13. All this might have remained a secret, but that Lord Clarendon’s friend, Birch, was obliged, three years afterwards, to sue his Lordship, and again Sir William Somerville, the Irish Secretary, for the balance due to him on account of Law and Order. The action against Lord Clarendon was compromised by payment of £2,000; that against Somerville was resisted and tried. Thus it came out how his Excellency had sent for Birch to his residence; and, how Birch had been closeted with him often. Plaintiff’s counsel stated the nature of his services thus:- “I may say this, that he gave his Excellency the full benefit of his counsel, of his knowledge, of his intimate acquaintance with parties, with newspapers, with factions, and with public men. I am instructed that he even went the length of stating when the Government might be vigorous, and when it would be prudent to be cautious.”

Lord Clarendon in his evidence, says it was in Feb., ’48, that he entered into communication with Birch:- “I then offered him £100, if I remember rightly, for it did not make any great impression on me at the time. He said that it would not be sufficient for his purpose, and I think it was then extended to about £350. This was in the beginning of February, 1848, if I remember correctly. Did your Excellency know that any further sums of money were paid to Mr. Birch in London? – Yes. Is your Excellency aware from what fund it came? – From a fund placed at the disposal of Sir William Somerville at my request. Out of the public funds, was it? – I could not say it came out of the public funds. I said it was a fund placed at the disposal of Sir W. Somerville, at my request.”

Secret service money, in short. Lord Clarendon’s private secretary, a Mr. Connellan, was usually the instructor of Birch. It is unfortunate that all the letters have not come to light; for on payment of the £2,000 to settle Birch’s claim, his Lordship took care, as he thought, to get up all the papers. Birch prudently kept back a few, amongst which I find this note:-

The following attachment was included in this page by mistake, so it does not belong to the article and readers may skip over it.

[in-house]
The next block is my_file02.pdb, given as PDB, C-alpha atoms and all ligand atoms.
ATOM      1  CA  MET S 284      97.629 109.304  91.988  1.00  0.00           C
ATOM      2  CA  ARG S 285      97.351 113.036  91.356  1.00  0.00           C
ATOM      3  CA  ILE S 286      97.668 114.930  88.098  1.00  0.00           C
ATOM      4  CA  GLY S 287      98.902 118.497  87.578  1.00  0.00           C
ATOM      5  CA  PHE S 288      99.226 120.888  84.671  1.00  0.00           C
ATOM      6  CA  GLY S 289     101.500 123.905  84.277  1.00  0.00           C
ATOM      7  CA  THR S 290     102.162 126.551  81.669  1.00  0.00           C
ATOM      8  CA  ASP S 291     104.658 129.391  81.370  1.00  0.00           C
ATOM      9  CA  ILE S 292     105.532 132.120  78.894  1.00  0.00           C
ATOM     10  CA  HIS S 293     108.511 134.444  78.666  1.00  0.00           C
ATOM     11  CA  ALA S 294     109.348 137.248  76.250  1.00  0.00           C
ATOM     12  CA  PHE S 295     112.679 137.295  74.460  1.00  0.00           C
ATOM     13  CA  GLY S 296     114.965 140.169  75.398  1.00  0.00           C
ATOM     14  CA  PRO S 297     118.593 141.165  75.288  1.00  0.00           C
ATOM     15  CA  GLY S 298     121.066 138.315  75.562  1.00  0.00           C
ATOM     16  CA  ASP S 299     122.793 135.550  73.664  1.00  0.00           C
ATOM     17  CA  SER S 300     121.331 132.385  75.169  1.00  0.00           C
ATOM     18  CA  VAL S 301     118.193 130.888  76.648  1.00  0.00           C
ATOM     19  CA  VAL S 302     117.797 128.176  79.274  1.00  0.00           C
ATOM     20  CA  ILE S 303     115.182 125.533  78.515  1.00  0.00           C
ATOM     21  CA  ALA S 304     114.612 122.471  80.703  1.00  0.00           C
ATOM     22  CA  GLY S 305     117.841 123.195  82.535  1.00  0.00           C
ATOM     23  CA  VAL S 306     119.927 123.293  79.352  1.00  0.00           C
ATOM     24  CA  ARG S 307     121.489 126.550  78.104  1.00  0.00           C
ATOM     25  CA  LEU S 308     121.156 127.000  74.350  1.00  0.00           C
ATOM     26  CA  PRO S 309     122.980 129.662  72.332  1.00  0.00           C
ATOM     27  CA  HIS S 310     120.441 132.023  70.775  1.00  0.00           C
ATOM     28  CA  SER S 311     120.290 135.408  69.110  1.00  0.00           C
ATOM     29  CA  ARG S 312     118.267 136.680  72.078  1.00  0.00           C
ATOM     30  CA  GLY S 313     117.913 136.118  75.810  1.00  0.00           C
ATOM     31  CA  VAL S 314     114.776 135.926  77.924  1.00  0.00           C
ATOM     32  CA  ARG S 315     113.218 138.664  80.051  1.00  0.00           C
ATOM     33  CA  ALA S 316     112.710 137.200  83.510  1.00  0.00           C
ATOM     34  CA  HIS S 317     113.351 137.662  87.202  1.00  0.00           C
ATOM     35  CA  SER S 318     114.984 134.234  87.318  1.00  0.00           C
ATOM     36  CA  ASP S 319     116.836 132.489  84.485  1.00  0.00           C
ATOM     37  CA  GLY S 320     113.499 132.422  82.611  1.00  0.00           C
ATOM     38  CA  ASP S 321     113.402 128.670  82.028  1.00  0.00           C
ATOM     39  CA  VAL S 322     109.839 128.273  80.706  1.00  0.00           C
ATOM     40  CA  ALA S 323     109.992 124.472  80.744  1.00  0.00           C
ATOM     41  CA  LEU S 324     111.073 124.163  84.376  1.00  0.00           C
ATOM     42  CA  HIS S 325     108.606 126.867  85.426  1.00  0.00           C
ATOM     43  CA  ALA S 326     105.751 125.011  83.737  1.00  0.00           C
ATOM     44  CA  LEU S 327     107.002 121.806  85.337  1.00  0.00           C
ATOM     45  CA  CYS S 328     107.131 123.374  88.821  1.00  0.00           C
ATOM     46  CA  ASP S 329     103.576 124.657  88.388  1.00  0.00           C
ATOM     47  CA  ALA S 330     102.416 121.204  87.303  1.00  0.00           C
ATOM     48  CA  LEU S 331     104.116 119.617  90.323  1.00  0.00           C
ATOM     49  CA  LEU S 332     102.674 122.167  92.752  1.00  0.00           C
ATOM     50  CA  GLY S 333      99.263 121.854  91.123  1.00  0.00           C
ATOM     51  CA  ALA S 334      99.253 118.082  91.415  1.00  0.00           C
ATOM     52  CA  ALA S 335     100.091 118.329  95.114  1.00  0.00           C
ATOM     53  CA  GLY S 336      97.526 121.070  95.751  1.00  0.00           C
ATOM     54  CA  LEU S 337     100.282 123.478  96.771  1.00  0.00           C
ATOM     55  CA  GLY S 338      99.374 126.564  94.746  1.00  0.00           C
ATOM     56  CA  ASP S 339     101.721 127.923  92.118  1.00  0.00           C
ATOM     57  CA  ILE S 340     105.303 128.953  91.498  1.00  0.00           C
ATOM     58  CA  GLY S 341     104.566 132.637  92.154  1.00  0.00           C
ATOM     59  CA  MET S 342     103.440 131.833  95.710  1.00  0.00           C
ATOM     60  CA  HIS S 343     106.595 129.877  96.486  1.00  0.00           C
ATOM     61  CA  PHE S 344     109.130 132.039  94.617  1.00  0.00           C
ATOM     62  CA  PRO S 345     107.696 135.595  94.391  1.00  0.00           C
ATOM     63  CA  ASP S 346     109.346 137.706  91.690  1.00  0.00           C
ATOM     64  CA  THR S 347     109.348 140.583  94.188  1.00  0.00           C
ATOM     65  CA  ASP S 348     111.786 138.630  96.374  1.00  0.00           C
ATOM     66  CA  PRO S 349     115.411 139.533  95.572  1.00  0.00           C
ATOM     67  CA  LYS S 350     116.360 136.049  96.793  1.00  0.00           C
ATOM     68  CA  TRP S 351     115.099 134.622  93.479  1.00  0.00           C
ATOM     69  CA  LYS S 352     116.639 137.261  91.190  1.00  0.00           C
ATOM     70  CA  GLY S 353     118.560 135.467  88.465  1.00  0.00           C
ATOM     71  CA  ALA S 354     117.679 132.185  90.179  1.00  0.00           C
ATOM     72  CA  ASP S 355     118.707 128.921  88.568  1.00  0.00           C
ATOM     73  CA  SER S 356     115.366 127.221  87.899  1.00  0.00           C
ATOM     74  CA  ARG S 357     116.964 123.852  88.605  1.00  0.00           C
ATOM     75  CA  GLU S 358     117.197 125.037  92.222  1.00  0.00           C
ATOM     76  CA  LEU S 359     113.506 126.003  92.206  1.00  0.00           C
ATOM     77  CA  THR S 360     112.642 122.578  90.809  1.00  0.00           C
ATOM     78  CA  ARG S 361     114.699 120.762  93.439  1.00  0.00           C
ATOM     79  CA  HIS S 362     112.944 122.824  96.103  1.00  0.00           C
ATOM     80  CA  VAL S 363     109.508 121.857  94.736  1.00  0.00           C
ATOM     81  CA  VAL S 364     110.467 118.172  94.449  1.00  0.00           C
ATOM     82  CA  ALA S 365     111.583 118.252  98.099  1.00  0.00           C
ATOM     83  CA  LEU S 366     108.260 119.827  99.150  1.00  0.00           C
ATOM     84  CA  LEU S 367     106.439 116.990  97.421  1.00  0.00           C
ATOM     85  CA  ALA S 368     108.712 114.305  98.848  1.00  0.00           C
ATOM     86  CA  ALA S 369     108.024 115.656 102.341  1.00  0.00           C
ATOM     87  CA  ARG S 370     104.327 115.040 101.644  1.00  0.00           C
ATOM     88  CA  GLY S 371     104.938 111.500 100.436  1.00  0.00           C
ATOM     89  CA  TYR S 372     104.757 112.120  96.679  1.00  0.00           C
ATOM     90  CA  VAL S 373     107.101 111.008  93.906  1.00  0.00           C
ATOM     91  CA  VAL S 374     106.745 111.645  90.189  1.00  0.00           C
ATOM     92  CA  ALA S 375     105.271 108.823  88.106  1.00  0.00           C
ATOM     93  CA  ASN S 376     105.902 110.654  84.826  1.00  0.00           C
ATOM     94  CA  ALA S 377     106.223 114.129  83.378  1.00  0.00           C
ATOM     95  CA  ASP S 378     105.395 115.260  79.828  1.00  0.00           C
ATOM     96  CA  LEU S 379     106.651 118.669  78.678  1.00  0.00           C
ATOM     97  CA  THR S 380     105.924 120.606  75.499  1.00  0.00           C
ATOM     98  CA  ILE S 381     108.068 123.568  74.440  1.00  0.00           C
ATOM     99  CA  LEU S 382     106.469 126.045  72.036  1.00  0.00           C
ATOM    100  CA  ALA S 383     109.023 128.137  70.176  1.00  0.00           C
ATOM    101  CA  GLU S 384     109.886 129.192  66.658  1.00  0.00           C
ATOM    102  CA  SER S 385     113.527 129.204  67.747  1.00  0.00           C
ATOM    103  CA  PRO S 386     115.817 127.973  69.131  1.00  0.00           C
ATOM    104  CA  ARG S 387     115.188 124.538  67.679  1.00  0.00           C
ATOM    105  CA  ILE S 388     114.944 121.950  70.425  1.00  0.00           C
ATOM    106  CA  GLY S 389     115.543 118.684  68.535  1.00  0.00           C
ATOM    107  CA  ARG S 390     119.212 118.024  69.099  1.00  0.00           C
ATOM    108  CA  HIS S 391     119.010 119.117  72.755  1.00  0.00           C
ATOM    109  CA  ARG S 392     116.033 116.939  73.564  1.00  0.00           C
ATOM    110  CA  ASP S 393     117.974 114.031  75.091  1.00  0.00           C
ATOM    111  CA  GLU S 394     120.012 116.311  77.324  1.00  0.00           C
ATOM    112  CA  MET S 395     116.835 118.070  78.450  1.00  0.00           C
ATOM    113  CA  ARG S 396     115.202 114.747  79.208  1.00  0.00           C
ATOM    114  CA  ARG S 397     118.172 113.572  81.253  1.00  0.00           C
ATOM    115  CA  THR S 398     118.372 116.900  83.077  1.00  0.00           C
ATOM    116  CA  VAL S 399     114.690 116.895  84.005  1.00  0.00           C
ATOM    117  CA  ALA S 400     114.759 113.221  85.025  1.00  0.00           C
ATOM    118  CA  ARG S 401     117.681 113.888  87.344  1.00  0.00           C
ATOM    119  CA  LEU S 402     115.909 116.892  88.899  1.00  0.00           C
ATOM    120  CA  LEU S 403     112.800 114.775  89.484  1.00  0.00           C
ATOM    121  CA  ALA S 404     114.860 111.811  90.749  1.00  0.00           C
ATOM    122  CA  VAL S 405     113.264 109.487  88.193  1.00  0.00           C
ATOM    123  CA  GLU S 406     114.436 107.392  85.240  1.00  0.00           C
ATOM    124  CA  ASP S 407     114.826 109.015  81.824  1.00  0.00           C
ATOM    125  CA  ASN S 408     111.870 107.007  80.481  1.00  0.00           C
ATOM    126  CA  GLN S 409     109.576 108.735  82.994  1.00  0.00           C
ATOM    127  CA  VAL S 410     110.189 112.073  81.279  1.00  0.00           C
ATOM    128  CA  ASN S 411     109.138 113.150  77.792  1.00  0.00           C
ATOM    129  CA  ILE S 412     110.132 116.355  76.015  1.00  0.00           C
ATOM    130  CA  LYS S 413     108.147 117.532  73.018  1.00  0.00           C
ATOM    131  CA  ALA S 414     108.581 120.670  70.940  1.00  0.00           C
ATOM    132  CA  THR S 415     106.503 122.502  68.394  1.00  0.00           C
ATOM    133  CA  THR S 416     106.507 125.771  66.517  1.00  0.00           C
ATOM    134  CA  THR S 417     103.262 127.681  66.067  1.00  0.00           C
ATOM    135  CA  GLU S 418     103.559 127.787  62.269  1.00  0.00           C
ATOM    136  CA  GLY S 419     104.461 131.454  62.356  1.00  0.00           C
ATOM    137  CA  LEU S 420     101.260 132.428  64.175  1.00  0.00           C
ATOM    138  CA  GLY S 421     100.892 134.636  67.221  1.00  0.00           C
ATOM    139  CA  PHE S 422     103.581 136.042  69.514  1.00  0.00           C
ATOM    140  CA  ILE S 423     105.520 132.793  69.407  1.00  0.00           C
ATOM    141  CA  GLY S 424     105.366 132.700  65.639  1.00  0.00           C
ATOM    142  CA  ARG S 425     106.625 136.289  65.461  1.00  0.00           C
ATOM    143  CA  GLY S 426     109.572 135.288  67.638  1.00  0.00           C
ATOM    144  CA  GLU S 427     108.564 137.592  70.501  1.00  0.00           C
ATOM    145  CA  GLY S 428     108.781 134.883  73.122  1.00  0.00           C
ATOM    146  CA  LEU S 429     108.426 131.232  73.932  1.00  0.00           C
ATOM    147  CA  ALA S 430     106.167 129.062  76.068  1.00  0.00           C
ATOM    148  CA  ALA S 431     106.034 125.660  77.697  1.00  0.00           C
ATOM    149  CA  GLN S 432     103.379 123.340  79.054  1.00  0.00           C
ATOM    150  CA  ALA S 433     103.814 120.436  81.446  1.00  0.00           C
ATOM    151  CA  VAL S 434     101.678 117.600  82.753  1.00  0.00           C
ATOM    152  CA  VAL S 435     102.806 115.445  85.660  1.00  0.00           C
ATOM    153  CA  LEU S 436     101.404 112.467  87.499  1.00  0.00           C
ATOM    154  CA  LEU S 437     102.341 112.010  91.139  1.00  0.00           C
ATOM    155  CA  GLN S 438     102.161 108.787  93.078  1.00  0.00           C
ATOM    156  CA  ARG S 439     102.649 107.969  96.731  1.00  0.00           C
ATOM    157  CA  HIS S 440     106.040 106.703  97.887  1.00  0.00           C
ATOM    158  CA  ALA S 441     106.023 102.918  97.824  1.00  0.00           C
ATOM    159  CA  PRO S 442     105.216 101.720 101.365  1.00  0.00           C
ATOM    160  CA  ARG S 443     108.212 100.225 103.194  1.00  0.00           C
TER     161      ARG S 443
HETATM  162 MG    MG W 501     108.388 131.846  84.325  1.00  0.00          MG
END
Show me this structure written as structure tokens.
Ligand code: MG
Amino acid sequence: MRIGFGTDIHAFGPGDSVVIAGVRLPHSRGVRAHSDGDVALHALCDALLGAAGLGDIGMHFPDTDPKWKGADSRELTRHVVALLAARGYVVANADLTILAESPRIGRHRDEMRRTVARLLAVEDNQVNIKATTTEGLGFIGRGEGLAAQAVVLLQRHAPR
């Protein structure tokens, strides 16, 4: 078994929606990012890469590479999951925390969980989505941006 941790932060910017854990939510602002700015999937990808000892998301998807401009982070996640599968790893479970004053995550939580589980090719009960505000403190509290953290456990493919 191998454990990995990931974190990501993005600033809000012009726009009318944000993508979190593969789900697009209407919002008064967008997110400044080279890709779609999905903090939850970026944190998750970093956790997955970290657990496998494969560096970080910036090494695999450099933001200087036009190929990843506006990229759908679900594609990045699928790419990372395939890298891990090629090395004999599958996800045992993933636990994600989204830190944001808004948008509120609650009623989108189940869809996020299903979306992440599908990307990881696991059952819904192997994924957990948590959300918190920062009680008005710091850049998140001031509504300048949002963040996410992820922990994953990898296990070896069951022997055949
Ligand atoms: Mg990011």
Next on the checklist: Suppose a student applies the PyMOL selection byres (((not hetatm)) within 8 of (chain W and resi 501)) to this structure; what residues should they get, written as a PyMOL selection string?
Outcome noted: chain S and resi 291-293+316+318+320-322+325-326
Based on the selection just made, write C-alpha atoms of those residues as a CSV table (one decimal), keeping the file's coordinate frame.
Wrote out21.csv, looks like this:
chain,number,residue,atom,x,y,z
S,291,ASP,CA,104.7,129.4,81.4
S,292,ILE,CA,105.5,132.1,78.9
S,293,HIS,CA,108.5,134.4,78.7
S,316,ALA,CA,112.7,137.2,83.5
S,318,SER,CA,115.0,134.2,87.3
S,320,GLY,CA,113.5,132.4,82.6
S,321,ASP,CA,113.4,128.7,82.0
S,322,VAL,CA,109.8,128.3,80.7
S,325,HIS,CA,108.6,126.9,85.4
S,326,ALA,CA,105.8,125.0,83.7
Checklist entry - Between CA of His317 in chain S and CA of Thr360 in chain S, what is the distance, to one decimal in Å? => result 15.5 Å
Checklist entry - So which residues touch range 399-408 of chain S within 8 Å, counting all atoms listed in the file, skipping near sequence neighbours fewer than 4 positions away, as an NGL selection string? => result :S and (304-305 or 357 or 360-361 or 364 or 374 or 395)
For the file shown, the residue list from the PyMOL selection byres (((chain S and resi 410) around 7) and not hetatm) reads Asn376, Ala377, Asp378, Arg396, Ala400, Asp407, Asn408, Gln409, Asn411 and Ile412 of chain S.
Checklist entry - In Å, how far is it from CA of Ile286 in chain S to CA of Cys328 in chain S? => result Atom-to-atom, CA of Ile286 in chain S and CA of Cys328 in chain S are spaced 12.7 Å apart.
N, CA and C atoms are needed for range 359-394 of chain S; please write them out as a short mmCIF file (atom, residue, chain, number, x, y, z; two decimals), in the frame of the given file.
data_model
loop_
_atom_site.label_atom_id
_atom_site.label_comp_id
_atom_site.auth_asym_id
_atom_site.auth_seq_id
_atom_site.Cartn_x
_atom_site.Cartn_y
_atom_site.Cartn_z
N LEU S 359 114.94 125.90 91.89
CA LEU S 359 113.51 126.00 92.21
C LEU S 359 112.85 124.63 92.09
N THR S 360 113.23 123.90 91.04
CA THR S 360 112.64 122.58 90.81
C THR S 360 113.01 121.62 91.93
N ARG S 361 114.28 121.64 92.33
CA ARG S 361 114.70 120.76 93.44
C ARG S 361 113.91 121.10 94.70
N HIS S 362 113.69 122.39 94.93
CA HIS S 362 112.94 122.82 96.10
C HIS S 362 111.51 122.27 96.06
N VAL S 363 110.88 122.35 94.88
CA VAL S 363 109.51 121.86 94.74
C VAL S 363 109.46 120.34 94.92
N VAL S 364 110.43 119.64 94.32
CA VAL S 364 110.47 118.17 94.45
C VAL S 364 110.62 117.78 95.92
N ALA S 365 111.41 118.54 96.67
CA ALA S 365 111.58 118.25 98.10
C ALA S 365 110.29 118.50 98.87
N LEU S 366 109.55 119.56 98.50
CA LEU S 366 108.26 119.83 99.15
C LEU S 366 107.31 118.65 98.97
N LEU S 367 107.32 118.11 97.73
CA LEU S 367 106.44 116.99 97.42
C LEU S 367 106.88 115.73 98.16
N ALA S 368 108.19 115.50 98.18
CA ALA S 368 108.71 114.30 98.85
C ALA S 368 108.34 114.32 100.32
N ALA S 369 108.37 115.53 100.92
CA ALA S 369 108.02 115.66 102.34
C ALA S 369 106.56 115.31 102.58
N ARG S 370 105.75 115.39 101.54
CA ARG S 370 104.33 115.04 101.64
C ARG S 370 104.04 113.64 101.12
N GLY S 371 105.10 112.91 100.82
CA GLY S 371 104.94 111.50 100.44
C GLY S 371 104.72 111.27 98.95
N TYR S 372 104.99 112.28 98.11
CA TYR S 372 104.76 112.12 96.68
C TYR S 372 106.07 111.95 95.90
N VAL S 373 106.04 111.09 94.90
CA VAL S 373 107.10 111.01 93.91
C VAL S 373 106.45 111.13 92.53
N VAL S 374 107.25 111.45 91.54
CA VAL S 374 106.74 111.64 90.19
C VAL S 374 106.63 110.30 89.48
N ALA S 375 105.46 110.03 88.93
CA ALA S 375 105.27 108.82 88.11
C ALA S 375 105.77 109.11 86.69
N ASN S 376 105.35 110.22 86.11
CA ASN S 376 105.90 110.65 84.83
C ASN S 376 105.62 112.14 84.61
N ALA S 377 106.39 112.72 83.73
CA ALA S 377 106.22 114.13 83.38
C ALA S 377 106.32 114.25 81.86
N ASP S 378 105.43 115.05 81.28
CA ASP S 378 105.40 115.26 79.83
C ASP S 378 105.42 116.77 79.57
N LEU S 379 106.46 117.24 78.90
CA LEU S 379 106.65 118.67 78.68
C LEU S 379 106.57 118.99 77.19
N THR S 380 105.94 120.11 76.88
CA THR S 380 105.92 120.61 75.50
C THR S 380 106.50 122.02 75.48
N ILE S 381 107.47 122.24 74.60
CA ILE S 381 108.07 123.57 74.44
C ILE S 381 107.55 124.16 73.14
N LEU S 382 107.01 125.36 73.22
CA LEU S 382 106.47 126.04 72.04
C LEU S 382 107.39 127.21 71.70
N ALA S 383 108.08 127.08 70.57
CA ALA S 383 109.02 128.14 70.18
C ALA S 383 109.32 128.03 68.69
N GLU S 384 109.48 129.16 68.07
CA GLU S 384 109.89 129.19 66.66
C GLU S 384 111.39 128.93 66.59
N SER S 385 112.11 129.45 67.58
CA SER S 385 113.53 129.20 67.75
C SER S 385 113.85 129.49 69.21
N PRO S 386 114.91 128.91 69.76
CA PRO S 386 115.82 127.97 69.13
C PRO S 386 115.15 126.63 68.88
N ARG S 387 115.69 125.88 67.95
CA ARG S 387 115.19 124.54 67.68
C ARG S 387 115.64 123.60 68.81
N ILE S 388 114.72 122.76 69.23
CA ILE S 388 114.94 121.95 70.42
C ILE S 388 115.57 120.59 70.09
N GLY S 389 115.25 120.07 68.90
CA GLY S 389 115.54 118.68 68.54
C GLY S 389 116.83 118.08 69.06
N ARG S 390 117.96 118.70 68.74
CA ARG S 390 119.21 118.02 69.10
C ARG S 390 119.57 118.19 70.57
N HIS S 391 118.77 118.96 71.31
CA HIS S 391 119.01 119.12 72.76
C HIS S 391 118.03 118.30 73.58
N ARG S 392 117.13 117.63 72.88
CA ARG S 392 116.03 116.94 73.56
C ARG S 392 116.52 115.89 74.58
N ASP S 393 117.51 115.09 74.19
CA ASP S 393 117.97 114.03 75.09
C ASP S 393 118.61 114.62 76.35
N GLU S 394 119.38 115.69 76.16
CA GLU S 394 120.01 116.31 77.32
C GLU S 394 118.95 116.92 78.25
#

“V. R. L. (Viceregal Lodge), March, 1848. Dear Sir – The French news ought to turn to account the triumph of the moderate party, the defeat and certain ejection of Ledru Rollin, the Irish fraterniser, and the vigorous proceedings of the provisional government in making arrests. I presume that to-morrow’s (Friday) mail will bring us an account of the capture of Blanqui and Cabet, the great Communist leader, etc. The moral of this might be well applied to Mitchel and Co.”

 For of course it was one main point in his lordship’s policy to make people believe that the enemies of English government were “Communists,” and that Communists were robbers. Birch was recommended also by Lord Clarendon to Lord Palmerston; and was duly paid by that nobleman for supporting his policy. Here are two little notes which were read on the Somerville trial:- “Sir – Viscount Palmerston desires me to express to you his best thanks for your obliging letter of the 9th inst., and your able articles in the World newspaper. I am, sir, your obedient servant, Spencer Ponsonby.” June 15, 1851, Mr. Ponsonby says –

“Viscount Palmerston desires to acknowledge the receipt of your letter of to-day’s date, and to request you to call upon me at this office on Monday or Tuesday, at a quarter before 5 o’clock.”

 Such was one of the agencies made use of by Divine Providence for preserving British civilisation in Ireland. I never saw Lord Clarendon’s friend Birch; but am informed that he earned much of his money by weekly attacks upon me.

14.  This is Lord John Russell’s virtuous speech – it was on the 23rd of May:-

“I certainly did not expect that there would arise any charge against us of partiality on the ground of exclusion of Roman Catholics. I entertain exactly the same opinions I held in 1844, that the exclusion of Roman Catholics, as such, unless they were members of the Repeal Association, or were distinguished by the violence of their conduct in those Associations – the exclusion of Roman Catholics, as such, is an extremely wrong and unjustifiable proceeding. I therefore did not expect that a charge of this nature would be made; but, however, notwithstanding that, I did write when I first received from my noble friend, the Lord Lieutenant, an intimation that it was the determination of the Government to prosecute those several persons for sedition – I wrote to him immediately, to say that I trusted there would not arise any charge of any kind of unfairness as to the composition of the juries; as for my own part, I would rather see those parties acquitted, than that there should be any such unfairness. (Cheers) I repeat, that whatever example there may be given by others, of disregarding the obligations of right, and making the part they have to perform in the administration of justice a matter of politics, and not of duty, the Government will be the last persons to allow any example of that kind to operate upon them.”